Opening the Way is a walking tour celebrating women's history in downtown Manhattan. It is a multifaceted new project developed by the award-winning nonprofit organization Women's eNews. The walk honors the achievements of women such as Margaret Sanger, Elizabeth Cady Stanton, and Ida B. Wells -- 21 women in all. This blog has been created to update fans of the walk on its exciting developments and expansion. Please join us in revitalizing history that has been ignored or forgotten!
Fuller was born on May 23, 1810 in Cambridgeport, Massachusetts to Unitarian parents, and received a strong classical education from an early age, becoming well-versed in languages such as French and German. She became a passionate advocate for transcendentalism, a philosophy that developed as a critique to the state of ideas in society and at Harvard in particular. A core belief of transcendentalist philosophy was the belief in an ideal spirituality that goes beyond the physical and empirical and is fulfilled only through a person’s intuition rather than organized religious doctrine. It affected literature, poetry, art and music from about 1835-1880. Fuller worked with prominent figures such as Ralph Waldo Emerson, Henry David Thoreau, and Walt Whitman, and gained a respected reputation in this field, becoming the first editor of the transcendentalist journal The Dial in 1840.
In 1844, Fuller came to New York to work for Horace Greeley’s New-York Daily Tribune, one of the most influential newspapers in the country. There, she became the first full-time female book reviewer in America. She was considered one of the most well-read people in New England, and became the first woman admitted to use the library at HarvardCollege. In 1845, she published Woman in the Nineteenth Century, which is considered the first major feminist work in the United States. The book was based in part on a series of “Conversations” or seminars she had held for women social reformers while in Boston, to compensate for their lack of access to higher education.
In 1846, Fuller left for Europe as the Tribune’s first female international correspondent. She settled in Rome and covered the Italian revolution. She had a son with Giovanni Ossoli, whom she married; and the three of them left on a ship on May 17, 1850 to return to America. But en route to New York, their ship was wrecked and the family tragically perished.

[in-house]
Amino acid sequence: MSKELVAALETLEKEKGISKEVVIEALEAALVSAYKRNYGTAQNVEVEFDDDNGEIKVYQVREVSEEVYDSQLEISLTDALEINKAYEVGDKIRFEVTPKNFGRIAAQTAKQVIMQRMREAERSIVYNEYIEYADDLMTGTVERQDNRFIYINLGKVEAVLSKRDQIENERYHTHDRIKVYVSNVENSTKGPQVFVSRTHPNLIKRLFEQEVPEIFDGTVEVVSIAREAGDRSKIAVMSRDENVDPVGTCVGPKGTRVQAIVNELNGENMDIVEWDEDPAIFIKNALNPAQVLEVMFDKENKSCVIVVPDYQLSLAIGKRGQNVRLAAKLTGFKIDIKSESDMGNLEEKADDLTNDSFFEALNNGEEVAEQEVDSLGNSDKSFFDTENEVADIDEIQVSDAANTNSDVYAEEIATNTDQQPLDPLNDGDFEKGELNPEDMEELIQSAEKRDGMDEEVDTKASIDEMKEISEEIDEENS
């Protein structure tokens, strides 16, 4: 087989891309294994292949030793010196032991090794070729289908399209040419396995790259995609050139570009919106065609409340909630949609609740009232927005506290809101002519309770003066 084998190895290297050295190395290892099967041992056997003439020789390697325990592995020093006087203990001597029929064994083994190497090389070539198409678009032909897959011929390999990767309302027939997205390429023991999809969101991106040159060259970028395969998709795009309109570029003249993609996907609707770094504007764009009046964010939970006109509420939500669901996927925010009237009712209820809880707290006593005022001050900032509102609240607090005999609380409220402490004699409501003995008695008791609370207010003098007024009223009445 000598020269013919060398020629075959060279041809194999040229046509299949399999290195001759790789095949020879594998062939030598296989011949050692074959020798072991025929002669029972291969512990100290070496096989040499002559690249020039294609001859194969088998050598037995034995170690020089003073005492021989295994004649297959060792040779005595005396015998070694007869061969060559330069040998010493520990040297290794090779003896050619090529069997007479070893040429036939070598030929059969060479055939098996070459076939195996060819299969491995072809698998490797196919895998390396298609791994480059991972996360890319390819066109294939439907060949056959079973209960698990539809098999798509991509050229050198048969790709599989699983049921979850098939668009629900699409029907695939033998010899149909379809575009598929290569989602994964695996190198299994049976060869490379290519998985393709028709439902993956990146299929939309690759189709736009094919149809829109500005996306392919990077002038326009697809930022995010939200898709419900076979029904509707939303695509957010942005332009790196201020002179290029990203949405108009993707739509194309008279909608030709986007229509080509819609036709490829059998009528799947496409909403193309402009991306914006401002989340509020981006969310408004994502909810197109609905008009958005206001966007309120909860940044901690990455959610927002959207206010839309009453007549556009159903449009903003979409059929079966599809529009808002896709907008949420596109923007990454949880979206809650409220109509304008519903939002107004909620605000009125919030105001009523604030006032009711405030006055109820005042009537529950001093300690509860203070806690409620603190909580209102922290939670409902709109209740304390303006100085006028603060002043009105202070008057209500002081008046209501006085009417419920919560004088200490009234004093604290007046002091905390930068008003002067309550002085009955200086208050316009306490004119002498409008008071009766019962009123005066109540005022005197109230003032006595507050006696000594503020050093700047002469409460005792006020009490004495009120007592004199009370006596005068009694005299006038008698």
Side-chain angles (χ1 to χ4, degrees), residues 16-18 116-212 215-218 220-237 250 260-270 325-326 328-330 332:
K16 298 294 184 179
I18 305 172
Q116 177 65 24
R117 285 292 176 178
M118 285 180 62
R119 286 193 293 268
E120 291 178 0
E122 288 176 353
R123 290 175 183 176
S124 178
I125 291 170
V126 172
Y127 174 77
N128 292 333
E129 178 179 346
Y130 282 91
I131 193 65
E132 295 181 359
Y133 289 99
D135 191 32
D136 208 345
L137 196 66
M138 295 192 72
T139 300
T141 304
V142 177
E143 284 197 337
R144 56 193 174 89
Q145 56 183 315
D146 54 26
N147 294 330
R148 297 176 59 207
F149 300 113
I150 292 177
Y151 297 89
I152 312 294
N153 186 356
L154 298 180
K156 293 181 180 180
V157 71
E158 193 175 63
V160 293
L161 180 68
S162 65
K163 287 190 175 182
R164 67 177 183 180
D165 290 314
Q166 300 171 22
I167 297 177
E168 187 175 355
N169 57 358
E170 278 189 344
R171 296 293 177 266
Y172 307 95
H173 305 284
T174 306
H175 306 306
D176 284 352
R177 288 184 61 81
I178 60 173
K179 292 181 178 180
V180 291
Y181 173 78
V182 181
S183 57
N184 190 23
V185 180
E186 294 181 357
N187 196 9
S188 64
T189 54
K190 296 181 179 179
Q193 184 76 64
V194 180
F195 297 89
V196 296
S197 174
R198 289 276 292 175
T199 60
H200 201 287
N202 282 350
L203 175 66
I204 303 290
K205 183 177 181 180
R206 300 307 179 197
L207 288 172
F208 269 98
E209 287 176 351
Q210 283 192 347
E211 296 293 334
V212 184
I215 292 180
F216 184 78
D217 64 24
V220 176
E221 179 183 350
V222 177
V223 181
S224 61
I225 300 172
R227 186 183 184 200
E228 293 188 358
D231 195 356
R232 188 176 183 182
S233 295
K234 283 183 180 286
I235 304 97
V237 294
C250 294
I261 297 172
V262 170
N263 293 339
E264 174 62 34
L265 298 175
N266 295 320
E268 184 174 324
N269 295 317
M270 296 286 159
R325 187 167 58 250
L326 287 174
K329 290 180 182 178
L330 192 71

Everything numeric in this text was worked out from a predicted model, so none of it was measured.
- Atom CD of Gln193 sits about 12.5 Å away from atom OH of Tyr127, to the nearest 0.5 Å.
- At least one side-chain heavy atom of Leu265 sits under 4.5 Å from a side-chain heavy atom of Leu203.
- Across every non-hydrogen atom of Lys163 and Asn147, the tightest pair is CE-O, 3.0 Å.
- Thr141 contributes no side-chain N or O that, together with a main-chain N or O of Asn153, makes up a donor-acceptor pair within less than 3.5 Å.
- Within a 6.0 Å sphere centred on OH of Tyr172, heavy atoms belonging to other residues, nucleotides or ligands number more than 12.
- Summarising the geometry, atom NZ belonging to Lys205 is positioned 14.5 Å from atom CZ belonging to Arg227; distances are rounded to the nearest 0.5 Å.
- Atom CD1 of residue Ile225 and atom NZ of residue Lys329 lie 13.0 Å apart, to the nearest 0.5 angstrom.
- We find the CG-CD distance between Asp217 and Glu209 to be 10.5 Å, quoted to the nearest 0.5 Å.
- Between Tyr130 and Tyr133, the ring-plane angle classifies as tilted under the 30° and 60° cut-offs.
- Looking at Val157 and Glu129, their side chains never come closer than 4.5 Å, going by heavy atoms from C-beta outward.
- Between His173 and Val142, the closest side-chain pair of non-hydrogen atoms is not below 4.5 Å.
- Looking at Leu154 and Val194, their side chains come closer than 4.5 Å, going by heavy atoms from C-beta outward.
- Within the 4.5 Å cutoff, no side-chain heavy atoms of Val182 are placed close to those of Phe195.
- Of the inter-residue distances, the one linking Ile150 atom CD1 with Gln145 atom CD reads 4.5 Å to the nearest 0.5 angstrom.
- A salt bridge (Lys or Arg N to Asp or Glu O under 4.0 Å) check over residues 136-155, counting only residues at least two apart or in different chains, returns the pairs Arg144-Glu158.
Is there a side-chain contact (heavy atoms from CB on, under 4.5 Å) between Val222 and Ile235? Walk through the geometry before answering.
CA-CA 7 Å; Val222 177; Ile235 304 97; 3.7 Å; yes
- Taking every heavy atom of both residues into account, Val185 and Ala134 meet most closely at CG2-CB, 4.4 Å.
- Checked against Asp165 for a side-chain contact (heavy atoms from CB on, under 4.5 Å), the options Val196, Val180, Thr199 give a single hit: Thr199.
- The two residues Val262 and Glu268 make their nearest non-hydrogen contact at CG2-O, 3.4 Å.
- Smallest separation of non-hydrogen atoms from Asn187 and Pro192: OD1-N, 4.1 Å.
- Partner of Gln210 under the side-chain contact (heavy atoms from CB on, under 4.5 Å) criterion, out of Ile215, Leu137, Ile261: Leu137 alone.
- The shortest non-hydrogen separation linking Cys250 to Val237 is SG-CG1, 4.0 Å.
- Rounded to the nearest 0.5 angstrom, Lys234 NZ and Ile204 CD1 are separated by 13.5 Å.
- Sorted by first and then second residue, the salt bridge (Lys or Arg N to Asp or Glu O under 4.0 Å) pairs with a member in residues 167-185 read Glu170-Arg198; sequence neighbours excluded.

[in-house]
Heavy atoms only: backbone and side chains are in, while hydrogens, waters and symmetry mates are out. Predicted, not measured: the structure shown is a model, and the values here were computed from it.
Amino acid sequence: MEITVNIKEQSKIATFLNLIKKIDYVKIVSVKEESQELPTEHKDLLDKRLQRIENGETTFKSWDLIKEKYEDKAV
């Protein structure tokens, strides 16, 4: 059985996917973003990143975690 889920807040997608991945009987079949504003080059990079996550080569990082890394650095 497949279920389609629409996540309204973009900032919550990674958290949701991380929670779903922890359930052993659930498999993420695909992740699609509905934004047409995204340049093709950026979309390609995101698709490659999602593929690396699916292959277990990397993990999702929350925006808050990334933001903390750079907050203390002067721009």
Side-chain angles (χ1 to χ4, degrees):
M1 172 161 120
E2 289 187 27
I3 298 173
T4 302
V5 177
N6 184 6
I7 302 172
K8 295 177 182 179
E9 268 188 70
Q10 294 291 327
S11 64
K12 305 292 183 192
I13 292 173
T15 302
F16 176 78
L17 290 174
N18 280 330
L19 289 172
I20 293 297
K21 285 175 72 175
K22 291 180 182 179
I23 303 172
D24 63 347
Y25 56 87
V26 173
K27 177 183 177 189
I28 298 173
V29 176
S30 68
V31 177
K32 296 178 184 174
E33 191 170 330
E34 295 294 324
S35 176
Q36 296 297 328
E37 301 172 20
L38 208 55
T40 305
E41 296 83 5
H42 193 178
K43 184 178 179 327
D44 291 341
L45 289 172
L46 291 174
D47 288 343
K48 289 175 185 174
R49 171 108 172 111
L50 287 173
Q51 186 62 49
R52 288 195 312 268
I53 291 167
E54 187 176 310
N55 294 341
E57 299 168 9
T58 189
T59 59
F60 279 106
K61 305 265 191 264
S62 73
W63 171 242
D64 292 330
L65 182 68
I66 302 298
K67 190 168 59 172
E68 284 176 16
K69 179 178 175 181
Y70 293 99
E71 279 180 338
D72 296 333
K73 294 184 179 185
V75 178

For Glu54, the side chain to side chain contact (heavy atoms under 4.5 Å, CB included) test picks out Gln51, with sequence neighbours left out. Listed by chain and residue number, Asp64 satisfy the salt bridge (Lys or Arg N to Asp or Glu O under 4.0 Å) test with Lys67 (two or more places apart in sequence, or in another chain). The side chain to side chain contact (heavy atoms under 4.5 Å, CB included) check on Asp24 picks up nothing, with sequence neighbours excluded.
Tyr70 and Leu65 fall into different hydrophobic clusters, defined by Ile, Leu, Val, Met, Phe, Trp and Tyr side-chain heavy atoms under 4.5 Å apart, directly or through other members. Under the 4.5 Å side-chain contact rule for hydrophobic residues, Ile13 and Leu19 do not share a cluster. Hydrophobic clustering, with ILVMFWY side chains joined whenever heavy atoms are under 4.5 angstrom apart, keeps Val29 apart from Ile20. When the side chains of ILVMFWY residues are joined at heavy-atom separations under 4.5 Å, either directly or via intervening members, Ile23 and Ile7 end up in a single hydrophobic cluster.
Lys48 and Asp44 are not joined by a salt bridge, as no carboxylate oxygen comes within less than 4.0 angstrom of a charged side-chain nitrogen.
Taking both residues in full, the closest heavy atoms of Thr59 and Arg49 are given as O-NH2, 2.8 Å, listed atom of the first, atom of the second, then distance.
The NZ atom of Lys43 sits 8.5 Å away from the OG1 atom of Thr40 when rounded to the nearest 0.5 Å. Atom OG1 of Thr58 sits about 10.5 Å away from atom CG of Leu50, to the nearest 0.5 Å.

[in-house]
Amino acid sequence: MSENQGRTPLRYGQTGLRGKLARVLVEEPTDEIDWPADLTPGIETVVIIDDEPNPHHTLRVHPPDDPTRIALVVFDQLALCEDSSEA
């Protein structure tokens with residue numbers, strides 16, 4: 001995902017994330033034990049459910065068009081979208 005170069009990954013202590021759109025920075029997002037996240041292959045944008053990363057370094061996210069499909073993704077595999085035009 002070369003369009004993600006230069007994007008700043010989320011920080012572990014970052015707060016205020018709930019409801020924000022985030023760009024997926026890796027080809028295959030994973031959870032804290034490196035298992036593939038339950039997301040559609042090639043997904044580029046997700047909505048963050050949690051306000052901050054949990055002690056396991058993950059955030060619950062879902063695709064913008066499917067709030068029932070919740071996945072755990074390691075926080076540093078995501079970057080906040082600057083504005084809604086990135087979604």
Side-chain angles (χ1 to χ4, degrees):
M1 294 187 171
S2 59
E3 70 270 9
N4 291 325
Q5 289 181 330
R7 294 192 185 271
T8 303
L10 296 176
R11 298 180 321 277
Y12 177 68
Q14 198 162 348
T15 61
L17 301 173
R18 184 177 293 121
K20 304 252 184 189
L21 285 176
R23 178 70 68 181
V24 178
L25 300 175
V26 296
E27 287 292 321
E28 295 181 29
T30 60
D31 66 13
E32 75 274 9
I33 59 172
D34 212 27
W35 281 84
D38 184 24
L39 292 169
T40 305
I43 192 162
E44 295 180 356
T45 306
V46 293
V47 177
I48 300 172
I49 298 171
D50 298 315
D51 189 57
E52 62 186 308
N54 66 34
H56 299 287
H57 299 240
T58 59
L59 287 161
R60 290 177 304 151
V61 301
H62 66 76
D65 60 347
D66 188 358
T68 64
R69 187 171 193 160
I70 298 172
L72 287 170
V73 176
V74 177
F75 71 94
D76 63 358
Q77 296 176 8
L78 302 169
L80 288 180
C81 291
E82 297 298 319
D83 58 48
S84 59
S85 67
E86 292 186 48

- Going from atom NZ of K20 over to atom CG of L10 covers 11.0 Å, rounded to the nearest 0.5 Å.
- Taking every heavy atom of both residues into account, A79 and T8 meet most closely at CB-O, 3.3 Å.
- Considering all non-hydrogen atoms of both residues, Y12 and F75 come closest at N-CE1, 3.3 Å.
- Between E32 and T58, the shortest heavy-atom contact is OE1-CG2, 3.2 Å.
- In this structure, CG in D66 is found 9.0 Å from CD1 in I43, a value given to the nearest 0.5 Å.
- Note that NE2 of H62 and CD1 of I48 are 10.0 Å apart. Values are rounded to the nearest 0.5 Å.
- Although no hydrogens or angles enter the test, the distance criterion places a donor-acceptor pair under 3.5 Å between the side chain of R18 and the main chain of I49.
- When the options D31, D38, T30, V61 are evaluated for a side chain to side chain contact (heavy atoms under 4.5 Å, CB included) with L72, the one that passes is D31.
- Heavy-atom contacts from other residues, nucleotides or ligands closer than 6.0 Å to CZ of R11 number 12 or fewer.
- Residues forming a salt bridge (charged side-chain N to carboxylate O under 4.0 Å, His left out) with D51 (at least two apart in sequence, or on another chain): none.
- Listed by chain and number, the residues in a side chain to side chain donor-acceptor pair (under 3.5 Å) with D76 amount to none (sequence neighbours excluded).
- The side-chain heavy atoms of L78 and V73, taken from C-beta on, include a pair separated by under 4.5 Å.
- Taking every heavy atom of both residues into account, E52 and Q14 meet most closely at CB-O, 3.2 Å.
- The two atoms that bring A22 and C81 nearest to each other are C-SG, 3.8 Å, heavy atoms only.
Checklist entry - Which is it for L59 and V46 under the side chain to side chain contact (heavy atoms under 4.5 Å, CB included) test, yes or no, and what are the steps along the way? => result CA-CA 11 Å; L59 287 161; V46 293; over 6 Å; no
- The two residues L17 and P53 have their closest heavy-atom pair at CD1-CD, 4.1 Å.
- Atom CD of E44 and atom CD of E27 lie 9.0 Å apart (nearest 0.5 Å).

Margaret Fuller died at only 40 years old, but left a legacy in which she is considered one of America’s first feminists. She fought fiercely for women’s rights, particularly in the areas of education and work. She continues to be celebrated through the Margaret Fuller Bicentennial Celebration, which will remember her this year on Wednesday, May 25, in Boston.
Sanger began as a nurse on the Lower East Side, but became discouraged as she saw more and more poor women come in for treatment from self-induced and botched abortions. She left nursing in 1912 and founded the monthly publication The Woman Rebel, which included birth control information. Sanger founded the American Birth Control League in 1921—the predecessor to what would become the Planned Parenthood Federation in 1942. In 1916, Sanger opened the nation's first birth control clinic in Brooklyn. Nine days later, police shut it down and confiscated its literature, contraception, and other materials, and Sanger served 30 days in prison. Nevertheless, in 1923, Sanger opened the first permanent birth control clinic in the United States. Today, the Margaret Sanger Center on Bleecker Street continues to be named for her.
But these accomplishments were hardly met without opposition. In 1914, Sanger was indicted on nine charges of obscenity deriving from the Comstock Act. Passed in 1873, the Comstock Act defined contraceptives as obscene and illicit, making it illegal for birth control—or even just information about abortion—to be distributed through the mail or across state borders. This federal law was named after its crusader Anthony Comstock, whose ideals of Victorian morality led him to create the New York Society for the Suppression of Vice and advocate censorship in a number of areas.
Sanger witnessed the approval of the pill as an 80-year-old widow living in Tuscon, Arizona, and celebrated by herself with some champagne. She lived to see the Comstock Act’s repeal as well, and died in 1966. Margaret Sanger undoubtedly left her legacy, and today, 80% of American women have used the contraceptive pill.